Having had a nice break over Easter I've had plenty of time to think about how I can improve the marketing of my novel A Half Life of One.
Here's the conclusions I've come to:
1 Getting the product right- the primary imperative. I've decided to subject the book to one more re-write. I'm going to strip down the prose; flesh out a couple of characters; add some colour to the tone; and change the ending by adding three paragraphs. I'm actually quite excited about the new ending - it's the one I should have come up with in the first place. During the re-write I'll incorporate some of the helpful suggestions readers - my "focus group" - have made.
If I get a clean run at it the foregoing represents about two weeks solid work. Rather than make this a chore I think I'll take two weeks off and go somewhere alone and remote and just do it. I did an early draft of the book on Lesvos and it added a dimension to the writing that my little cell in the Pundy House doesn't allow.
2 I'll continue to promote my book online both as a Word and a PDF file. Currently most readers come to the book via Free Novels Online. As I've said in an earlier post this isn't entirely satisfactory and I'll continue to search around for other platforms that will also attract online readers.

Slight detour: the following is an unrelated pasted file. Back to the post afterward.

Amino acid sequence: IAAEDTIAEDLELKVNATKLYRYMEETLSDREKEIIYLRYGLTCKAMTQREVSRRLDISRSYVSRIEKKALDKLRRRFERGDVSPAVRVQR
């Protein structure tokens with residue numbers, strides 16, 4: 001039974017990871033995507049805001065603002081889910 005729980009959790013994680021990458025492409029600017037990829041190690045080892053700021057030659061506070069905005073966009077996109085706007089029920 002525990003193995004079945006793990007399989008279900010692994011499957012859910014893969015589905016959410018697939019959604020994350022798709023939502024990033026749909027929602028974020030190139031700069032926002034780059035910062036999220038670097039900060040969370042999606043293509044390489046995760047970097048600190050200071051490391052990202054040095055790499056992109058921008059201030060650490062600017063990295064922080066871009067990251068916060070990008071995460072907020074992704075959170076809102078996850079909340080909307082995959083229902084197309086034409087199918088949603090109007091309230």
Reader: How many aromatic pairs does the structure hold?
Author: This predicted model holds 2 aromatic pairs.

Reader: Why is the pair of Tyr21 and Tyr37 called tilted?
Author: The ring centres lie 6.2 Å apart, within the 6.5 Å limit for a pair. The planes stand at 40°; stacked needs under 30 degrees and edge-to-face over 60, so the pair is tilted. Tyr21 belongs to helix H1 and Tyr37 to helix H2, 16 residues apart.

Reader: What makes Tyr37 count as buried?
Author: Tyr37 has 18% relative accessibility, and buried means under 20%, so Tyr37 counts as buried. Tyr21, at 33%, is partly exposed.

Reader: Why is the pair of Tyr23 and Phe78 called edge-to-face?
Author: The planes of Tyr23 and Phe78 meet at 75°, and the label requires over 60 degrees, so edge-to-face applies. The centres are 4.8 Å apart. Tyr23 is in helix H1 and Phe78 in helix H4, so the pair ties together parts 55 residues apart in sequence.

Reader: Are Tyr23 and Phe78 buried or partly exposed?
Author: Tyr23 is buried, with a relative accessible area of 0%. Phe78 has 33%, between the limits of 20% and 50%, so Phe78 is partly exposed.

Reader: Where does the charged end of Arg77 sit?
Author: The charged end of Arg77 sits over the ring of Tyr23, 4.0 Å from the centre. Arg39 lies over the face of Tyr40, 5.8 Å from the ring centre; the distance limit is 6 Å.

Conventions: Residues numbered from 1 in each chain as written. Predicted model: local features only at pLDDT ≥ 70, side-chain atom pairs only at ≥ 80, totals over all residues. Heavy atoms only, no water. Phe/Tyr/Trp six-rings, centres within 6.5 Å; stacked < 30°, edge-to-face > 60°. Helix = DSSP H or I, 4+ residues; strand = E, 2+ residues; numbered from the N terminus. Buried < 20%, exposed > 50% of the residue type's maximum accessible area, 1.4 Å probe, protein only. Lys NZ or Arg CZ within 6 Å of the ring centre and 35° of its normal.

However, it has finally dawned on me that many potential readers will only consider a proper printed book. Therefore I'll look seriously - and seek advice - about the best way of offering this option. Some variant on Print On Demand I imagine. I know Carla Nayland is looking at this option too, so I'll see how she gets on. I think this new framework is the most important way forward for me, especially since my book, however well it is written, may not ever be a commercial proposition. Readers will be able to sample the book online and then obtain it in whatever format they prefer. Sounds pretty obvious really, but it's taken me a long time to reach this conclusion.
3 Despite my reservations about the commercial nature of my book I'm going to have another crack at breaking into the world of traditional publishing. In other words, I'll start sending the revised book out to those agents who haven't already rejected it. Why am I doing this? Simply because traditional publishers and bookshops still represent the best way to get your product in front of as many readers as possible in a short period of time. The internet does not yet have a decent platform for attracting book readers in quantity. Someone will devise one someday soon but it isn't here yet.
So, that's it. The way forward with my book seems clear to me at long last. I'd like to thank everyone on this blog who has come up with the suggestions and encouragement that have helped me reach these conclusions. I couldn't have done it without you.